Genesis 28:10-19a; Psalm 139:1-11, 22-23; (or Wisdom of Solomon 12-13, 16-19 or Isaiah 44:6-8; Psalm 86:11-17); Romans 8:12-25; Matthew 13:24-30, 36-43
“What would the world be, once bereft of wet and wildness? Let them be left. O let them be left wildness and wet; Long live the weeds and the wildness yet.” – Gerard Manley Hopkins.
The field has good seed and weeds growing together. This parable has been misused for dualistic we/they thinking that the good seed is the church and we Christians, and the weeds are all the other people. For now we all live together in this life. However, come God’s final harvest at the end of the age we good people will go to heaven and the others will burn. What arrogant rubbish! The reality is that in each and every one of us can be found good seed and weeds. There are no weedless people. Our life long struggle is not so much with some evil enemy out there, but with ourselves. Paul said that he does not understand his own actions. Even this great saint does the evil he does not want. (Romans 7:15-21) Because of this mixture within each of us, Paul in today’s reading says we, together with all of creation, are groaning in labor pains. (Romans 8:22-23) In just three verses beyond today’s assigned reading (Romans 8:28) Paul tells us the solution: God makes all things work for good. All things! Weeds! Our weeds! This burning of the weeds that the Gospel parable speaks of is not their destruction but their transformation into wildflowers. After the transformation the new born weeds are enduring as any gardener knows; and now endearing. Our weeds give us strength. The good seeds together with the weeds, wet and wild, within us are what give us character. We characters are what God rejoices in. We can now also rejoice in each other, weeds and all. So, as Jesus was fond of saying: Now that’s what the kingdom of heaven is like!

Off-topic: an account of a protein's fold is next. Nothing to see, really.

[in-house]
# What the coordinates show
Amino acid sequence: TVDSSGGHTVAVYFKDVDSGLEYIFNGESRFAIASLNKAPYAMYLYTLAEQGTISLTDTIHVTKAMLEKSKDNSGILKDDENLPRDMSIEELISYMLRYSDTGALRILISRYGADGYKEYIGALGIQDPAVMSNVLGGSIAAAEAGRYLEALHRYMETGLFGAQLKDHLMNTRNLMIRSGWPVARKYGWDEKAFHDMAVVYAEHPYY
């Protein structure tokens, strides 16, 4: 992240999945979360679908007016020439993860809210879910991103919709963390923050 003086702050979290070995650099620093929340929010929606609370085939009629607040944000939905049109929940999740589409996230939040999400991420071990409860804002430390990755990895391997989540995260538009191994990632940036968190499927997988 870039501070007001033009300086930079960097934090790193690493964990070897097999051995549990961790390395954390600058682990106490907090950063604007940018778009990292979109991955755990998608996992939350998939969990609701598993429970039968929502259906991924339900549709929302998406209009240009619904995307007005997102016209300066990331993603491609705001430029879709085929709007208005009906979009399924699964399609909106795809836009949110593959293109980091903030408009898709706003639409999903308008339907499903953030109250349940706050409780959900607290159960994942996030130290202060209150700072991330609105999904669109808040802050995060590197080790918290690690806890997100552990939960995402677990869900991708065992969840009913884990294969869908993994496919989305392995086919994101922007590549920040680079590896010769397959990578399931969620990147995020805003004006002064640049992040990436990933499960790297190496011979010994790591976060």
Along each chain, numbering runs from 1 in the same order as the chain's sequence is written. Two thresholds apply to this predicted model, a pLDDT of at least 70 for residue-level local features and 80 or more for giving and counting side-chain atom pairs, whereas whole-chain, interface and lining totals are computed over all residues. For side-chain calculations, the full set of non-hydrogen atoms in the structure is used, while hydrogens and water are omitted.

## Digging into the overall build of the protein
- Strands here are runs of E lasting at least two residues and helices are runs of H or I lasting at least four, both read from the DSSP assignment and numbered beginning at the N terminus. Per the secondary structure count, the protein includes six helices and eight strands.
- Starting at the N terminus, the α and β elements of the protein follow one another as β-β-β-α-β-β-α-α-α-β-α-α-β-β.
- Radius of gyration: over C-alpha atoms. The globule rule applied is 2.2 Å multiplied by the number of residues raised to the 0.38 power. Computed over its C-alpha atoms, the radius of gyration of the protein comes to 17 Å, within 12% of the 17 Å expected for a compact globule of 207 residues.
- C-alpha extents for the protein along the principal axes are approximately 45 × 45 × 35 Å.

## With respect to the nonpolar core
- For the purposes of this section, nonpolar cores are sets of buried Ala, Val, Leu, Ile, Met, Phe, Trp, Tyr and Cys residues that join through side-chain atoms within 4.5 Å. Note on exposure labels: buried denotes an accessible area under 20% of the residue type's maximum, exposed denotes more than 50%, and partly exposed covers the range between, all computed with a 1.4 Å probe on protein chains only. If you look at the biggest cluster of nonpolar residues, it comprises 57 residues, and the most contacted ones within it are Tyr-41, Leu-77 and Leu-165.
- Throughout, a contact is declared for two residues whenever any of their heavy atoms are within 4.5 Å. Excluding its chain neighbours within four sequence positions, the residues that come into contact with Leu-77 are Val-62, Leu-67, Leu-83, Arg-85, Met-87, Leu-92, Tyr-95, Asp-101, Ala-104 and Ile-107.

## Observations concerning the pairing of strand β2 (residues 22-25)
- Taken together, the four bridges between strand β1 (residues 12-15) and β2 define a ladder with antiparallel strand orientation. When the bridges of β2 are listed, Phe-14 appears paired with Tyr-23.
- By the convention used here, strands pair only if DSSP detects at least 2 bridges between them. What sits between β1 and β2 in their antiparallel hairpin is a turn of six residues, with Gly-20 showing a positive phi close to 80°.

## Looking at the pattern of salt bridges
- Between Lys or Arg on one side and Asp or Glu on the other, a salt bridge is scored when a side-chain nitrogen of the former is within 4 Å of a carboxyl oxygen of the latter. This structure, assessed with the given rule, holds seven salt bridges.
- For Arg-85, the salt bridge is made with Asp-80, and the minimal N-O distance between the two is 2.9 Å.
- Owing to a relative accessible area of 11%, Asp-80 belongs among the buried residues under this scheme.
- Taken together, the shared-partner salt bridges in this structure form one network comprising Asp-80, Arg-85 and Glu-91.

The weeds spoken of in today’s Gospel have a technical Latin name: lolium. You don’t want lolium growing with your crops. It is a species of grass which infects cornfields in southern countries. The Greek word is sometimes translated tare or darnel. It resembles wheat. The Greek word even sounds bad: “zidzania.”
Wet and wild we yet.
May our weeds be wildflowers.
Worth yet the groaning.